Stresses that family patterns are changing; therefore asks the Commission and the Member States to give serious consideration to this reality when developing and implementing policies;


Stresses the need to improve EU paternity law; calls upon the Commission to propose specific measures designed to facilitate greater involvement in family life on the part of fathers by enhancing entitlement to paternal leave; calls upon the Commission and the Member States to promote fathers' rights as regards the upbringing and the care of children, particularly in the event of separation or divorce, with a view to developing gender equality in European society;


Calls upon the Commission to take into consideration the sensitive issue of infertility, which affects both married and unmarried women and couples;


Notes that infertility is a medical condition recognised by World Health Organization that can have severe effects such as depression; points out that infertility is on the increase and now occurs in about 15 % of couples; calls on the Member States, therefore, to ensure the right of couples to universal access to infertility treatment;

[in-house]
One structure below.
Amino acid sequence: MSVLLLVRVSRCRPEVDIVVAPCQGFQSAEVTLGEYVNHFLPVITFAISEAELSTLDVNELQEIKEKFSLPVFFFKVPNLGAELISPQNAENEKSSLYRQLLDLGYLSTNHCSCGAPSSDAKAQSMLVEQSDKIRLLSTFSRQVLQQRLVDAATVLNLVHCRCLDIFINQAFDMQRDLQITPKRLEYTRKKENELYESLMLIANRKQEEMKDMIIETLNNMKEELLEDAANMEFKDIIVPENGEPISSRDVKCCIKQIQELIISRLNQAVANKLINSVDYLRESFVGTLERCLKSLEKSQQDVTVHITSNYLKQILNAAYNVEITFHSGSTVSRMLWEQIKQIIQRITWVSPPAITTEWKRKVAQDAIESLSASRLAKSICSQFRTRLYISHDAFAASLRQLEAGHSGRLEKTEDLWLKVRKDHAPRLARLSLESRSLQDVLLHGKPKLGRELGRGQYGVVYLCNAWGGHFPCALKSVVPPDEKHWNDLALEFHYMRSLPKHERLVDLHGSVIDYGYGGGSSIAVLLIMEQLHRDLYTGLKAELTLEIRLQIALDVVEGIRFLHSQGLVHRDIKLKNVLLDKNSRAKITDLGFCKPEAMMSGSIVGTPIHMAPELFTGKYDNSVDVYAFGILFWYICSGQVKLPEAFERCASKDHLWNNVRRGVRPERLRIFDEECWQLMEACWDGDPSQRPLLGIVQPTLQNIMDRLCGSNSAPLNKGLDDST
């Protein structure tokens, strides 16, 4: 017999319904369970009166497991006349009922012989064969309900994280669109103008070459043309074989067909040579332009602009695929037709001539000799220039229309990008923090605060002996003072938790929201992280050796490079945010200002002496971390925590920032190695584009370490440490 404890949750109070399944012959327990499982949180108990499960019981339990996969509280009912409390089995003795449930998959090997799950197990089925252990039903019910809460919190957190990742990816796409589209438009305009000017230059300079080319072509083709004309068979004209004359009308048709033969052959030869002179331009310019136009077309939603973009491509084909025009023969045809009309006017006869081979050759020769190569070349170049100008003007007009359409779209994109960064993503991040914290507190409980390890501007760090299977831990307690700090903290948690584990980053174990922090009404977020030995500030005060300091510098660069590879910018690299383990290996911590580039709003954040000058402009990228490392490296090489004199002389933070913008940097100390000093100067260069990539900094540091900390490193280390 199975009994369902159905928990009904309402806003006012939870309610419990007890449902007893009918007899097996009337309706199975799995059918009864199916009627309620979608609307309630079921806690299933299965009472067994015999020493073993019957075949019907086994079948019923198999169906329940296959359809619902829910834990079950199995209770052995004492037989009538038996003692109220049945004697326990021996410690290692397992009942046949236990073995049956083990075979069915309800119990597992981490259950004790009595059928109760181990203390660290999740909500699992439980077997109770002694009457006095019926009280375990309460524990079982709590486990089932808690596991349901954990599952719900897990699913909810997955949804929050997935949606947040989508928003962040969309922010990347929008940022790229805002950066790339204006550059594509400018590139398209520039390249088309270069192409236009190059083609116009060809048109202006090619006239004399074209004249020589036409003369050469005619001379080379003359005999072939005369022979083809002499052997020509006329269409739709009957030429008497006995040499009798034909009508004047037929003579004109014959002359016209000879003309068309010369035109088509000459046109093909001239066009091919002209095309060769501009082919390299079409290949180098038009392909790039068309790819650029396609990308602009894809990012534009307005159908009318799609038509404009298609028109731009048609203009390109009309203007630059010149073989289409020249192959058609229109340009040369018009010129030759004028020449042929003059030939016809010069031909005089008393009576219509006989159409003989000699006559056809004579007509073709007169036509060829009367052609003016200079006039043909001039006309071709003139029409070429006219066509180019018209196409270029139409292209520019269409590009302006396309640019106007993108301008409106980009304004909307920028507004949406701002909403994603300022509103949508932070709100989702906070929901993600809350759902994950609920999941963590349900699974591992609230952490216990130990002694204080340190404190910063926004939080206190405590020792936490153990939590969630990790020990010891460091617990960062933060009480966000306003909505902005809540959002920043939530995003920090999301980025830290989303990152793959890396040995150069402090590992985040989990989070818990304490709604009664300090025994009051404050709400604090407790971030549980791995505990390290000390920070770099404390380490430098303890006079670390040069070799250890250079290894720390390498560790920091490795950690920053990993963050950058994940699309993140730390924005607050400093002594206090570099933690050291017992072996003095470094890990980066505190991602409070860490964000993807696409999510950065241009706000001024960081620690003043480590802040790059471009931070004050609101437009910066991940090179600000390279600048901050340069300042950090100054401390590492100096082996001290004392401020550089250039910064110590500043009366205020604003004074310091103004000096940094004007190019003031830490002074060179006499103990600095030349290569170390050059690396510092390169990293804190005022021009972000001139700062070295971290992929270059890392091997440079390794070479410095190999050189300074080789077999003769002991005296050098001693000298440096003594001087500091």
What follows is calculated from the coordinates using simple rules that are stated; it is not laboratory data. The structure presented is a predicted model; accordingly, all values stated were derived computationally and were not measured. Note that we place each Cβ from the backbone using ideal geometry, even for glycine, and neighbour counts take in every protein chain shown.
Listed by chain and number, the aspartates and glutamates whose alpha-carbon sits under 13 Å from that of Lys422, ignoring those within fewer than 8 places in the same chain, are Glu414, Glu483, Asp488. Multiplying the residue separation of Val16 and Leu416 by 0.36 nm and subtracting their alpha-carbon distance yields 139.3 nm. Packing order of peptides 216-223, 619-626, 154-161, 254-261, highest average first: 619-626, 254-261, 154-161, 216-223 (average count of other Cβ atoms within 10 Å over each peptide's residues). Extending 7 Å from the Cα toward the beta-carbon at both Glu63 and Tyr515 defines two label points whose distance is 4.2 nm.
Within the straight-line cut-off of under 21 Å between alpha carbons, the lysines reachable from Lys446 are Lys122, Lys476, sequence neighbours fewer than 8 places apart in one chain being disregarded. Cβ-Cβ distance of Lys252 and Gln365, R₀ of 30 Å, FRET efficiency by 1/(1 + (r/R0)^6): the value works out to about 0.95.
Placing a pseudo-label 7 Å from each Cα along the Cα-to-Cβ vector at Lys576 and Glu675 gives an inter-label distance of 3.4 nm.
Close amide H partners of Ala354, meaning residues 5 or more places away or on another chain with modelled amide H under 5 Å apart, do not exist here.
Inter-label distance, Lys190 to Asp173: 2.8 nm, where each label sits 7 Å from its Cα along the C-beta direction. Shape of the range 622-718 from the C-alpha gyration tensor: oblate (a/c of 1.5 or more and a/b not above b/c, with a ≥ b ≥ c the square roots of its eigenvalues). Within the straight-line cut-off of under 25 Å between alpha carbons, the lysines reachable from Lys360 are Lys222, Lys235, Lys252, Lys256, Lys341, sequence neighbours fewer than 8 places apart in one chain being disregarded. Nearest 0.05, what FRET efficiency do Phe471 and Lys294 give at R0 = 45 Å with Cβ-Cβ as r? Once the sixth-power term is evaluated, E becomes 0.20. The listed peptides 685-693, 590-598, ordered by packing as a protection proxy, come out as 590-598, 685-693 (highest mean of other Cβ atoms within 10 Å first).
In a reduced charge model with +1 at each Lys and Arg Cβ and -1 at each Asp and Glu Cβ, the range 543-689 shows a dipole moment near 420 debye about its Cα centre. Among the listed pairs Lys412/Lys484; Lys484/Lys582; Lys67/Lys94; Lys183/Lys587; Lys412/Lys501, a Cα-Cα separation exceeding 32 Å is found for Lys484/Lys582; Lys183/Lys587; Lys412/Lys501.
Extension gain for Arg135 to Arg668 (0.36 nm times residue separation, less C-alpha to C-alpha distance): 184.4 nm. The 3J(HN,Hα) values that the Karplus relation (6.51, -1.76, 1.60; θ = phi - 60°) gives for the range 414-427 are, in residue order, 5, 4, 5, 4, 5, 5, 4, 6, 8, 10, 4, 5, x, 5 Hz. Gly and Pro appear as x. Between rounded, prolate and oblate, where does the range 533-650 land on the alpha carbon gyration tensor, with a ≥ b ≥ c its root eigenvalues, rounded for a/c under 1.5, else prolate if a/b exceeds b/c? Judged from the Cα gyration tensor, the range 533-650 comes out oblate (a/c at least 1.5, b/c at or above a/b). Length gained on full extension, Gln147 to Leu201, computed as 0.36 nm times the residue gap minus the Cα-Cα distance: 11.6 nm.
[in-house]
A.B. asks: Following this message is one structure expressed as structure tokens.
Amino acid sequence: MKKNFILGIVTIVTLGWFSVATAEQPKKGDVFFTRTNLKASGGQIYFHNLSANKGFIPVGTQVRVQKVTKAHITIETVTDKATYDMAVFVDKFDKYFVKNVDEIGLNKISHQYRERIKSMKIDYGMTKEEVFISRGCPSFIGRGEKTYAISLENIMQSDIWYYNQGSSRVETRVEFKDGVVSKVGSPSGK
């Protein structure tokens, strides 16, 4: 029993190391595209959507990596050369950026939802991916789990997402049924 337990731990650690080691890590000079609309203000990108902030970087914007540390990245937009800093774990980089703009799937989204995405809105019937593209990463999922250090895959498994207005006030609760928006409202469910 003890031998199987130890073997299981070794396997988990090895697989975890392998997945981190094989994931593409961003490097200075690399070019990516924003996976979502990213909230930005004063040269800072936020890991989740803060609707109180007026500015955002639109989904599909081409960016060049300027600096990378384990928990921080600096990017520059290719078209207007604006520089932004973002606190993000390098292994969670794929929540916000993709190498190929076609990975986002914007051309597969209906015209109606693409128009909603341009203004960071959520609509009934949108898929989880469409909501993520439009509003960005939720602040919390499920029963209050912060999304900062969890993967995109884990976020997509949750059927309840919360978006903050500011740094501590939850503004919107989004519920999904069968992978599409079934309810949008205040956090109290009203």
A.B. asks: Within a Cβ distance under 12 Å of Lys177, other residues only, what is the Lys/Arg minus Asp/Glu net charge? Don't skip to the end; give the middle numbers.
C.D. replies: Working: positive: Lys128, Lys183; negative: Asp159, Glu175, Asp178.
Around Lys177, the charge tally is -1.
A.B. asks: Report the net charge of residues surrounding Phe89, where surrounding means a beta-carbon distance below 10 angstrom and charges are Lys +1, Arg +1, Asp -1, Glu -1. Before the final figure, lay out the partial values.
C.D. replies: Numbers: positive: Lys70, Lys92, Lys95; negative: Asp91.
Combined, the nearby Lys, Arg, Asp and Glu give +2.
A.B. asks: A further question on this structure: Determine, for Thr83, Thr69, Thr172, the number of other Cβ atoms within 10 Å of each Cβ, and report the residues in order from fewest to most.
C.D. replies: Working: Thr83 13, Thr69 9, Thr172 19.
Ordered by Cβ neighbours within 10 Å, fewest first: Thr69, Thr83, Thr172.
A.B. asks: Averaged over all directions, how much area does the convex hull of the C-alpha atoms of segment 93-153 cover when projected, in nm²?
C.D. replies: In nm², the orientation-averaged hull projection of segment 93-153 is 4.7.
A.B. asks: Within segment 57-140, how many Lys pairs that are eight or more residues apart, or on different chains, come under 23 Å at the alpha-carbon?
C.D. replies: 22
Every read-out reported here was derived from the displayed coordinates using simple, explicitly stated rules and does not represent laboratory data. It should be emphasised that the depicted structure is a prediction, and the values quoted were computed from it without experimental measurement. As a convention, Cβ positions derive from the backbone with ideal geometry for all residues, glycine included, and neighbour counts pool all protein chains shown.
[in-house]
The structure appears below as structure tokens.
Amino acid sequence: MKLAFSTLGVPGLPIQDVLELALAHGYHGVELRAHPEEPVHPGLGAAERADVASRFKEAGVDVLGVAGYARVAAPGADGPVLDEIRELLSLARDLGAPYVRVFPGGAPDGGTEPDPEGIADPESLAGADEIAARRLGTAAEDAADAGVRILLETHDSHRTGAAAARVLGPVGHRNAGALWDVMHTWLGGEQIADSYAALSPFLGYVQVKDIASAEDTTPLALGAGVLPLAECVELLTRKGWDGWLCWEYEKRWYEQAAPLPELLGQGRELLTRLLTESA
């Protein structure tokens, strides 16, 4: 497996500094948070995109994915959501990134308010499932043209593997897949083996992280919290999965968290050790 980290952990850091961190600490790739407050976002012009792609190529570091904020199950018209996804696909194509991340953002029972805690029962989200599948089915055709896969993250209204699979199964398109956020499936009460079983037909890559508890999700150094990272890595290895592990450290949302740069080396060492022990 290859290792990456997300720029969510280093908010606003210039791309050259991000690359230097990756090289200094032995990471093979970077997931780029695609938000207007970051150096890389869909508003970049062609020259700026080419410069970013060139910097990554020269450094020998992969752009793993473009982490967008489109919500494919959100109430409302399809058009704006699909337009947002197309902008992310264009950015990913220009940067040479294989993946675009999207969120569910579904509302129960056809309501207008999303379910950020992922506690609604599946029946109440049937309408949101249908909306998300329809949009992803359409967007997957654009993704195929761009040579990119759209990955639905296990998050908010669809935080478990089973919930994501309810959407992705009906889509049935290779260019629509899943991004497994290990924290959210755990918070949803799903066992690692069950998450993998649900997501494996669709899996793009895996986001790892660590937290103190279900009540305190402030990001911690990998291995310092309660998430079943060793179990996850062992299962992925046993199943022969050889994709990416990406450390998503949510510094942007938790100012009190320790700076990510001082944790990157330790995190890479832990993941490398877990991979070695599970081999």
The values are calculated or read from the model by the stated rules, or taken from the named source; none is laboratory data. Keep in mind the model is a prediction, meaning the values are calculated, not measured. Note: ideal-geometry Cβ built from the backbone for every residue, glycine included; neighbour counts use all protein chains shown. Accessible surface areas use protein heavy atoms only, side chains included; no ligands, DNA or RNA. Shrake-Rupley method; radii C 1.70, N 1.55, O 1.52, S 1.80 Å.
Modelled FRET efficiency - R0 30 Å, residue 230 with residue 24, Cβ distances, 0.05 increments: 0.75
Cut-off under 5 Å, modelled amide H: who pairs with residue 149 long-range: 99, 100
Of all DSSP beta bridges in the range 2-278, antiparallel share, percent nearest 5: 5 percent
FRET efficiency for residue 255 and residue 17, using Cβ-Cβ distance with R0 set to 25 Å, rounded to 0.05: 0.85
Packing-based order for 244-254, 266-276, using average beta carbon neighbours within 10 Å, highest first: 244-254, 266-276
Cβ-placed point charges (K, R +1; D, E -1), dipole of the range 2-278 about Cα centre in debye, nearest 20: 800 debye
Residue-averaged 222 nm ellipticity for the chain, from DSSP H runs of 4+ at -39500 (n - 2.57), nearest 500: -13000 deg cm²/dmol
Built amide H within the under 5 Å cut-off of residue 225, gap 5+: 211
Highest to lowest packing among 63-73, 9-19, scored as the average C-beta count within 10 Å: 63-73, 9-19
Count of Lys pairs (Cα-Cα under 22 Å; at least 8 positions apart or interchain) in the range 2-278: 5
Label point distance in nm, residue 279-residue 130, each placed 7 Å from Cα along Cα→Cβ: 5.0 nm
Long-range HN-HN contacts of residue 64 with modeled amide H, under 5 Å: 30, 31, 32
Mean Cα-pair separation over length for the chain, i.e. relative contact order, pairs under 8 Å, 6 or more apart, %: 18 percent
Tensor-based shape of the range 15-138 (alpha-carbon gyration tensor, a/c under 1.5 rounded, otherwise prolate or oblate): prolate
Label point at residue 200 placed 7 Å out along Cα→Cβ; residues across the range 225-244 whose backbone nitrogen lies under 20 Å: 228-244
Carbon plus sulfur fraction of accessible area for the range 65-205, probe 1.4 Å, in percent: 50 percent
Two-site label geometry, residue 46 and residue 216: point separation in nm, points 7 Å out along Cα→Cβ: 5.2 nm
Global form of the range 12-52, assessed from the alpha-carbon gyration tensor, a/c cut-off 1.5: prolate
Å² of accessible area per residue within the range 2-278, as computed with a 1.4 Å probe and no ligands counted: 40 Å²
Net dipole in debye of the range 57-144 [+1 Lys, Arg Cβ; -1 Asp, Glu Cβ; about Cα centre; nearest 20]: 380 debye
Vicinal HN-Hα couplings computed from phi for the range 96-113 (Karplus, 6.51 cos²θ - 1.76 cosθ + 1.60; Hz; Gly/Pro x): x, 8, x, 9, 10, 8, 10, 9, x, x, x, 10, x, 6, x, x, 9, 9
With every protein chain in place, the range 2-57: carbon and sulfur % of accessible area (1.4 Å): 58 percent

Encourages the Member States to identify good practices in favour of families, family benefits systems and social services of general interest (SSGIs) for protecting and helping families; calls on the Member States to provide support targeted specifically at young parents pursuing their training or studies;


Calls on the Member States to recognise the social, economic and educational value of informal family work in the form of caring for children and other dependants, while examining the possibility of recognising length of service, social security and pension rights for those who carry out such informal work;